What Are Futures and Options and How to Trade Them?

Futures and options are both derivatives that investors can use for trading or hedging current investments. These financial products allow investors to buy or sell an asset at a specific price and date, protecting them from further price fluctuations. However, these instruments are quite different in how they work and what risk they bring to investors. 


A futures contract is the obligation to buy or sell an asset at a specific price and date. The futures contract also specifies the number of units of the underlying asset that will be bought or sold. The asset settlement occurs when the contract reaches its expiration date. And whoever owns the futures contract at the expiration date they must buy or sell the asset at the agreed price. 

There are two major ways how the underlying asset can be settled according to a futures contract: physical delivery or cash settlement. Cash settlement doesn’t involve the direct transfer of underlying assets.

How to use futures contracts?

The most obvious one is holding the futures contract until its expiration. This is one of the ways to hedge investments from price volatility because you can receive an asset or its equivalent at the agreed spot price. 

But many traders like to buy and sell futures contracts on the market before their expiration. And in this case, they can either wait for the expiration date and follow contract specifications or make two other actions: offset and rollover. 

Offsetting refers to closing a position by creating opposite of equal value and size. This allows traders to realize profits or losses without taking physical delivery or cash settlement. For example, if you have two short (sell) contracts for Bitcoin that expire next month, you can buy two contracts of the same size expiring at the same date. The difference in price between the initial position and offset position will represent a trader’s loss or profit.

A rollover means “prolonging” or extending position before contract expiration. The trader who is going to roll over their futures contracts may choose to switch to another contact with another date. To do so, they first offset their position and then open a new position with the futures contacts of the same size but with another expiration date. For example, you have a long BTC futures contract expiring in October, so you can sell a futures contract with an expiration date in September and a buy futures contract with the same size but an expiration date in November or even further.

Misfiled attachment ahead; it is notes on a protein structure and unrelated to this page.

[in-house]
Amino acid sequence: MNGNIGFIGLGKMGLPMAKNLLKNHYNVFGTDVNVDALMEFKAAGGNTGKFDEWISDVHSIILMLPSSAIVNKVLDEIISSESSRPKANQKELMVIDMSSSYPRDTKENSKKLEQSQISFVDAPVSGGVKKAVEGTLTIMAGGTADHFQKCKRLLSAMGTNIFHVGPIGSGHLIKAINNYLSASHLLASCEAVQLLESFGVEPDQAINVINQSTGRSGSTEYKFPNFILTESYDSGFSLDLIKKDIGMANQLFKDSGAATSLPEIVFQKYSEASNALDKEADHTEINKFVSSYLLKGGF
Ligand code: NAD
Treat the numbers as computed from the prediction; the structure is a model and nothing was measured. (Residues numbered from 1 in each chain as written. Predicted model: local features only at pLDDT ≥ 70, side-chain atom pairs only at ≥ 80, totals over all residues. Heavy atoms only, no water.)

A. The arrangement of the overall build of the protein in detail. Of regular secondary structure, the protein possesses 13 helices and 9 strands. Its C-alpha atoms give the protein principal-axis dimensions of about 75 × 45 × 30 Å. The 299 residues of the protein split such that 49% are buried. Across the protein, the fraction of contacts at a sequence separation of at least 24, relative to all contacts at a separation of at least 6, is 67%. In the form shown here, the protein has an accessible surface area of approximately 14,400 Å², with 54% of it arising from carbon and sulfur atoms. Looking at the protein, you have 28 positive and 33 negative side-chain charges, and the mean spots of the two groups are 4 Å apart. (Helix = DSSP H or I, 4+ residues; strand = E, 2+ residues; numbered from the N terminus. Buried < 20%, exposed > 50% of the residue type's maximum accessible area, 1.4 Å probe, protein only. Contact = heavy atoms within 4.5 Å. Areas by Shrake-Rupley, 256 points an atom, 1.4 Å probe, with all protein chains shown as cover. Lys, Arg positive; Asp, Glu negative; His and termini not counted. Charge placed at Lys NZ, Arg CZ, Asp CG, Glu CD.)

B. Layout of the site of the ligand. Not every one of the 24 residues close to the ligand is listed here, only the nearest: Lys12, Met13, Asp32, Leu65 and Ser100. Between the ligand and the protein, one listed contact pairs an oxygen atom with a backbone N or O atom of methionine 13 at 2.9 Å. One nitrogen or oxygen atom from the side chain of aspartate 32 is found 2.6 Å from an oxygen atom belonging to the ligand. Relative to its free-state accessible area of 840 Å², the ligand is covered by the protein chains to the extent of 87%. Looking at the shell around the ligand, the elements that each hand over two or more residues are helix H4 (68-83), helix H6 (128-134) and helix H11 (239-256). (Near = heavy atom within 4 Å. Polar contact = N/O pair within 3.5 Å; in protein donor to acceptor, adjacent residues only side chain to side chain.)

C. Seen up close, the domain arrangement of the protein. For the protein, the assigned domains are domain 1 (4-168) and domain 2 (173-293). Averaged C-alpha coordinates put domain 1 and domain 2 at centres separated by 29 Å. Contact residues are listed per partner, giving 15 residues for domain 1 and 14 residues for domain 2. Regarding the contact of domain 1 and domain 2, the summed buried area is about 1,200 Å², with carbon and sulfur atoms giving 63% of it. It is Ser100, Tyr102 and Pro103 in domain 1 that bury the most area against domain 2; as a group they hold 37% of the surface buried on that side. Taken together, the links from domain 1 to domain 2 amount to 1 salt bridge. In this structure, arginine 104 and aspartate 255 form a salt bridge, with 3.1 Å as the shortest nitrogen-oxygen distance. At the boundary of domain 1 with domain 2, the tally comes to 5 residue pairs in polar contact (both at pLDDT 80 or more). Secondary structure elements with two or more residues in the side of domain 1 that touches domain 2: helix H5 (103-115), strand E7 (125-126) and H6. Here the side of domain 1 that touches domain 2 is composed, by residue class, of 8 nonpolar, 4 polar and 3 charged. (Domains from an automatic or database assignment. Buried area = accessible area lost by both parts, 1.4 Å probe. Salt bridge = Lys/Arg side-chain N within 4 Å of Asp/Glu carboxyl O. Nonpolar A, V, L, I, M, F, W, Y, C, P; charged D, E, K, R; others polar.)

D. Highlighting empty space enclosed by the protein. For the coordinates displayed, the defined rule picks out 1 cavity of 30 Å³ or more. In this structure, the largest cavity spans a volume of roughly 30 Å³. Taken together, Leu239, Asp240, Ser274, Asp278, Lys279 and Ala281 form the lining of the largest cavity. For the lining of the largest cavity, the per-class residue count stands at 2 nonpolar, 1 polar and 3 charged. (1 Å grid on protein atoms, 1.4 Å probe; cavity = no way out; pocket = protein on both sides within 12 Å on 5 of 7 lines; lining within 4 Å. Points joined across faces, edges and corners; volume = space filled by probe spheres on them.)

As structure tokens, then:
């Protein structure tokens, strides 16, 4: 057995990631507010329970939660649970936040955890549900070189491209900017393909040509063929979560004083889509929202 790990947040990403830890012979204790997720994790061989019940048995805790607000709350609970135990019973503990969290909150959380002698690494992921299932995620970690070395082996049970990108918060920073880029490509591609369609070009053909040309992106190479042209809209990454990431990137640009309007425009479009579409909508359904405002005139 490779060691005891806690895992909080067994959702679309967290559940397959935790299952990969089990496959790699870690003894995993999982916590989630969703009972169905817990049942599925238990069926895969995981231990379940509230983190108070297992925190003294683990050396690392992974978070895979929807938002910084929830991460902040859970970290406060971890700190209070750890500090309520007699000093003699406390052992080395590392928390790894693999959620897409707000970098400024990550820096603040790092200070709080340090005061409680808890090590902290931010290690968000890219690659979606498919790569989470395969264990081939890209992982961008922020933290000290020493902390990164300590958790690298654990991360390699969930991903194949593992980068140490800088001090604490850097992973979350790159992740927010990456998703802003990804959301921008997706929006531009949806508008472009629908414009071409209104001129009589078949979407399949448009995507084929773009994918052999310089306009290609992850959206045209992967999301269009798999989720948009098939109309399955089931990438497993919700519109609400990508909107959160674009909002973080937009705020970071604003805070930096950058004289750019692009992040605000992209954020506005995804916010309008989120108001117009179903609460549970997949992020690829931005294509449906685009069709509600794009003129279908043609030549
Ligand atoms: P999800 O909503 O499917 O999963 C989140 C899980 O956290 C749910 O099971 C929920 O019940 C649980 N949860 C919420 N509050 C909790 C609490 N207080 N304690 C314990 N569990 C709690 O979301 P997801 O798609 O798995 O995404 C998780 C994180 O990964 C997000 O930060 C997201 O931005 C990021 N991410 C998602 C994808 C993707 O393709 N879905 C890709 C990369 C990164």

There is also a specific futures type called perpetual futures. This futures type doesn’t have an expiration date, so they can be held indefinitely without the need to roll over contracts. 

Futures trading example

Let’s say you want to buy a futures contract with physical delivery on Bitcoin next month. You choose a futures contract with 1 BTC as its underlying asset. This means you will be obligated to pay the seller for 1 BTC on the delivery date. 

As the price of Bitcoin goes up and down, the amount of gain and loss is credited or debited to your account at the end of each trading day. So you should have some funds on your account to cover possible price fluctuations. If the spot market price drops below or rises above the contract price you agreed to pay, you still need to pay the seller at the agreed price on the delivery date. Depending on that, you may receive a profit or loss that represents the difference between the agreed and market price. 

If you lose interest in accepting Bitcoin from the seller, you can sell your contract before the delivery date or roll over to a new futures contract.


Options give investors the right but not the obligation to buy or sell an asset. It means if investors decide not to do so, they can refuse to buy or sell an asset at a specific price upon reaching the expiration date. Options do not represent the actual ownership of the underlying asset until you use the right to buy or sell an asset.

To get the right to buy or sell an asset, investors pay a so-called premium. The premium amount usually depends on the strike price — the price at which you can buy or sell an asset until the option’s expiration date. The date indicates the day when the contract must be used. 

Call and Put options explained

There are only two types of options: call and put. A call option offers you to buy an asset at the strike price, while a put option allows you to sell an asset at a predetermined price.


Let’s say you open a call option to buy Bitcoin at a $45,000 strike price and pay a $1,000 premium to use this right next month. The current spot BTC price is $43,000. Assume the BTC spot price jumps to $50,000 when your option has an expiration date. In this case, you can use your right and buy BTC at $45,000. After that, you can immediately sell your Bitcoin at the current market price of $50,000 and get $4,000 profit ($50,000 – $45,000 – premium ($1,000)). 

Let’s imagine another scenario with the same inputs. The BTC price reached $44,000 at your call option expiration date. It means your option is worthless but you don’t have to use your right to buy Bitcoin at $45,000. You can just buy Bitcoin at the current market price if you want. So you just paid $1,000 for the right that you haven’t used and it’s your max loss in this deal. 

The same works for put options and selling the asset. If you have the right to sell the asset above the market and the price difference is bigger than your premium, then you can profit from this trade. Otherwise, you just pay a premium for nothing. 

For information purposes only. Not investment or financial advice. Seek professional advice. Digital assets involve risk. Do your own research.

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